Step 5 — Modifying the Web Server Configuration and Service Definition

      Enabling SSL in our Nginx configuration will involve adding an HTTP redirect to HTTPS, specifying our SSL certificate and key locations, and adding security parameters and headers.

      Since you are going to recreate the webserver service to include these additions, you can stop it now:

      • docker-compose stop webserver

      Before we modify the configuration file itself, let's first get the recommended Nginx security parameters from Certbot using curl:

      • curl -sSLo nginx-conf/options-ssl-nginx.conf https://raw.githubusercontent.com/certbot/certbot/master/certbot-nginx/certbot_nginx/options-ssl-nginx.conf

      This command will save these parameters in a file called options-ssl-nginx.conf, located in the nginx-conf directory.

      Next, remove the Nginx configuration file you created earlier:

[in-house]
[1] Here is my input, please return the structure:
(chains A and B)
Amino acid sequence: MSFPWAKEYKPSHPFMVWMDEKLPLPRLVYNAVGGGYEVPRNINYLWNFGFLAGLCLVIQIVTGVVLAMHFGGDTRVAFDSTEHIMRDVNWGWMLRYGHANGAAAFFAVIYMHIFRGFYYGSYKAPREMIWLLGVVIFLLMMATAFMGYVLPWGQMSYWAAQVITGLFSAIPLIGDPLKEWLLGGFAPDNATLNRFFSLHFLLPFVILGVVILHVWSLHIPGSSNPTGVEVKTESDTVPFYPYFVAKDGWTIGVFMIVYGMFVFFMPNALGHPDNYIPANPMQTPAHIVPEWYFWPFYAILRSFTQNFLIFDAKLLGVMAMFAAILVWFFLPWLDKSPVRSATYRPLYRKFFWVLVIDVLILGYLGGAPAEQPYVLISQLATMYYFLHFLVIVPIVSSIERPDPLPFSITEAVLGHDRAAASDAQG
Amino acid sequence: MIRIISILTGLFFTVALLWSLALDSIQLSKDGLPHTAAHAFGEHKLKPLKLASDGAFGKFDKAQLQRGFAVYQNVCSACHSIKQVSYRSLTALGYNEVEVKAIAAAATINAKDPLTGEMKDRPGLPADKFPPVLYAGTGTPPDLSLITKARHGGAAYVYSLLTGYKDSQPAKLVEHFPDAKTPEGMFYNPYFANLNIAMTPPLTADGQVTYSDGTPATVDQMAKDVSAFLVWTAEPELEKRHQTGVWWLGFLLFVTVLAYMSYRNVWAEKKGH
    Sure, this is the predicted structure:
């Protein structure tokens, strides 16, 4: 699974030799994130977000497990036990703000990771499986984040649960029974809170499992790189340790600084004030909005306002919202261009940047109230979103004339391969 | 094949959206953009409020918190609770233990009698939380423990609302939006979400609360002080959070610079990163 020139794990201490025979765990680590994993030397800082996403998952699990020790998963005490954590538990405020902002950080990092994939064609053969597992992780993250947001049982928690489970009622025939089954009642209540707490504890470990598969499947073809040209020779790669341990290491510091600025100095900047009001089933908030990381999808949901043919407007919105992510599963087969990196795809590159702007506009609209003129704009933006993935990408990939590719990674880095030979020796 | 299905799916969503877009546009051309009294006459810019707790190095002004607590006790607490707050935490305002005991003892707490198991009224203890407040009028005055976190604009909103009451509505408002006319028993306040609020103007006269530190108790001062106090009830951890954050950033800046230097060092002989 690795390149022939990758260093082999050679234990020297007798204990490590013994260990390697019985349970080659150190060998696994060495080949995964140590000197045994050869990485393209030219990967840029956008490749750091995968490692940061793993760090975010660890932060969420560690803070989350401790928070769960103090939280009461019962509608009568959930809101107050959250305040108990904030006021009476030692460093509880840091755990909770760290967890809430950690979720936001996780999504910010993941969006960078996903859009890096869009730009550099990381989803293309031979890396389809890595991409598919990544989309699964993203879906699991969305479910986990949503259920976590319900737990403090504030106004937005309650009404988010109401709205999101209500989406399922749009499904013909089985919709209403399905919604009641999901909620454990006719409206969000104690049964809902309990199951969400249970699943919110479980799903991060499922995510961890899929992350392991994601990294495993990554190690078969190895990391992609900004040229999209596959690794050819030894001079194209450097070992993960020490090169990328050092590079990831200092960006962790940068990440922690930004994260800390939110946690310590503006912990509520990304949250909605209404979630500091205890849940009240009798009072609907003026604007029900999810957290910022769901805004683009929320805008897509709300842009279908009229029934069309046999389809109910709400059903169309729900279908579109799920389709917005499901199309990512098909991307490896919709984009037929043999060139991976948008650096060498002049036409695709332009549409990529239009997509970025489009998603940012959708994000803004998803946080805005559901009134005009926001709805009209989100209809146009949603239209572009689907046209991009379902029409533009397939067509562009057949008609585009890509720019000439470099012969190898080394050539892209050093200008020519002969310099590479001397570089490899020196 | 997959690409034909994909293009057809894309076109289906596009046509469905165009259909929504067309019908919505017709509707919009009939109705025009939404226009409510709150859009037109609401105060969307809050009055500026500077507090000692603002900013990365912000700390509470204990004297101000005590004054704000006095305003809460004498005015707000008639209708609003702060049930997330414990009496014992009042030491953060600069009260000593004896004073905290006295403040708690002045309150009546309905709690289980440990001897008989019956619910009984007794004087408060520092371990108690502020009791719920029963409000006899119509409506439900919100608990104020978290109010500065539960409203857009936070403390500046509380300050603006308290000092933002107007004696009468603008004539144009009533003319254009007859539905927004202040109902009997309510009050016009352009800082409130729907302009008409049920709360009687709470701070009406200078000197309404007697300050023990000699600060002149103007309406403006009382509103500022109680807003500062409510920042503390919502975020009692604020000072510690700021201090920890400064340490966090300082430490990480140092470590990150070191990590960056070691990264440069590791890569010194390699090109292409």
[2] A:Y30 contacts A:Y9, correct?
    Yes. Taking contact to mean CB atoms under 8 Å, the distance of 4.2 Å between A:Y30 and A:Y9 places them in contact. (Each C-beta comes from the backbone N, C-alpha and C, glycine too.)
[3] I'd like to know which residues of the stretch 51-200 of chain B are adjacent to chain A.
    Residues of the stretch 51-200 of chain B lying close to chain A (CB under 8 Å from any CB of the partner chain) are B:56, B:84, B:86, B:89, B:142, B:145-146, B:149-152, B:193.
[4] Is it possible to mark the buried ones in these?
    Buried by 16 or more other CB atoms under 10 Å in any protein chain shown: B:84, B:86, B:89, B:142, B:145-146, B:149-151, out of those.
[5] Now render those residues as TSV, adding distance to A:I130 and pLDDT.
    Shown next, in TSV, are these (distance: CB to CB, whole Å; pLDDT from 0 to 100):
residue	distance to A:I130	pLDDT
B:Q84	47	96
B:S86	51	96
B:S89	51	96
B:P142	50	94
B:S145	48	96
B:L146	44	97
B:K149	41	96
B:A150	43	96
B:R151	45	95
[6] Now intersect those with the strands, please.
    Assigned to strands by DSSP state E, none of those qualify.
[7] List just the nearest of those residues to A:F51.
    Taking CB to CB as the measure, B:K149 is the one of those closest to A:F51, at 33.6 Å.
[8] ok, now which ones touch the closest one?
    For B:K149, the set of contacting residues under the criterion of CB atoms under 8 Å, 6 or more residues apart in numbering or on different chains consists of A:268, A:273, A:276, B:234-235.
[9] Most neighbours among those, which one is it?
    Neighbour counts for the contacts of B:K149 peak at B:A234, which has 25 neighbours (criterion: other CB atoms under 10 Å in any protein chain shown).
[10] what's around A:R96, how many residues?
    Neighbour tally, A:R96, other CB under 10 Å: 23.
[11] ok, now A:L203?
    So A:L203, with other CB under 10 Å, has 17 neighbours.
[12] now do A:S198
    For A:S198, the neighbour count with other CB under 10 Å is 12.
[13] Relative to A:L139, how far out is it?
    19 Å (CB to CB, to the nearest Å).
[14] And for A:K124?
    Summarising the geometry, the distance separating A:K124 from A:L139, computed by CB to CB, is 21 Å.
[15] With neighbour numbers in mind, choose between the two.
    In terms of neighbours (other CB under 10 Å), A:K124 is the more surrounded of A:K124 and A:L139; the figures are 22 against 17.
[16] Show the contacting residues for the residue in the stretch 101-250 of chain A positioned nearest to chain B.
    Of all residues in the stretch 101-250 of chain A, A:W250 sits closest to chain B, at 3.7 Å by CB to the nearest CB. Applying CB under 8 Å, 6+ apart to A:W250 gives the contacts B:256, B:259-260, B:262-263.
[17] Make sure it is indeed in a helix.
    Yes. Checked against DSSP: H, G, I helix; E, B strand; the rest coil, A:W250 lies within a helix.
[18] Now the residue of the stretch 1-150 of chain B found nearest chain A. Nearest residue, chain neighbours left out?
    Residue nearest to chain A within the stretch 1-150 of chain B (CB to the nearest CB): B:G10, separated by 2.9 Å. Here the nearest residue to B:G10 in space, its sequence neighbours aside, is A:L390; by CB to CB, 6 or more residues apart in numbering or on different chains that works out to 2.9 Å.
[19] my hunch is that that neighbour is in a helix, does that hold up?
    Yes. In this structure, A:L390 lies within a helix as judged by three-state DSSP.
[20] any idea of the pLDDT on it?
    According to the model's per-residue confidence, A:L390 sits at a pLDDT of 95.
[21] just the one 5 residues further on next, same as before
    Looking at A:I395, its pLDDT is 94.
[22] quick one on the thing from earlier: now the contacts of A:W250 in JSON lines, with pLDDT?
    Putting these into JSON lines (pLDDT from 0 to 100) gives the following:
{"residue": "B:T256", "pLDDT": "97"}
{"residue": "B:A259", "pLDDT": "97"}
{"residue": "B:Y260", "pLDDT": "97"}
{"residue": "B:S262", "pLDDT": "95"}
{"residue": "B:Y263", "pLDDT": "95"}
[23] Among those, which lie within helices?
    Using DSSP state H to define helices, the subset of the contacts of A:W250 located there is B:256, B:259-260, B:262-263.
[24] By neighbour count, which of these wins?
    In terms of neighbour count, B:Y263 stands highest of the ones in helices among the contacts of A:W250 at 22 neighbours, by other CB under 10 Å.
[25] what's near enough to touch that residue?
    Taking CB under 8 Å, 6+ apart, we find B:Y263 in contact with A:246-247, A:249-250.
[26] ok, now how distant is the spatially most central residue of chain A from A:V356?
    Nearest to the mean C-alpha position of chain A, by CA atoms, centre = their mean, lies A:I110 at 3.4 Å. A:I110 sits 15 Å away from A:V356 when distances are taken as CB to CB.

Open another version of the file:

      • nano nginx-conf/nginx.conf

      Add the following code to the file to redirect HTTP to HTTPS and to add SSL credentials, protocols, and security headers. Remember to replace example.com with your own domain:

      ~/wordpress/nginx-conf/nginx.conf

      server {
              listen 80;
              listen [::]:80;
      
              server_name example.com www.example.com;
      
              location ~ /.well-known/acme-challenge {
                      allow all;
                      root /var/www/html;
              }
      
              location / {
                      rewrite ^ https://$host$request_uri? permanent;
              }
      }
      
      server {
              listen 443 ssl http2;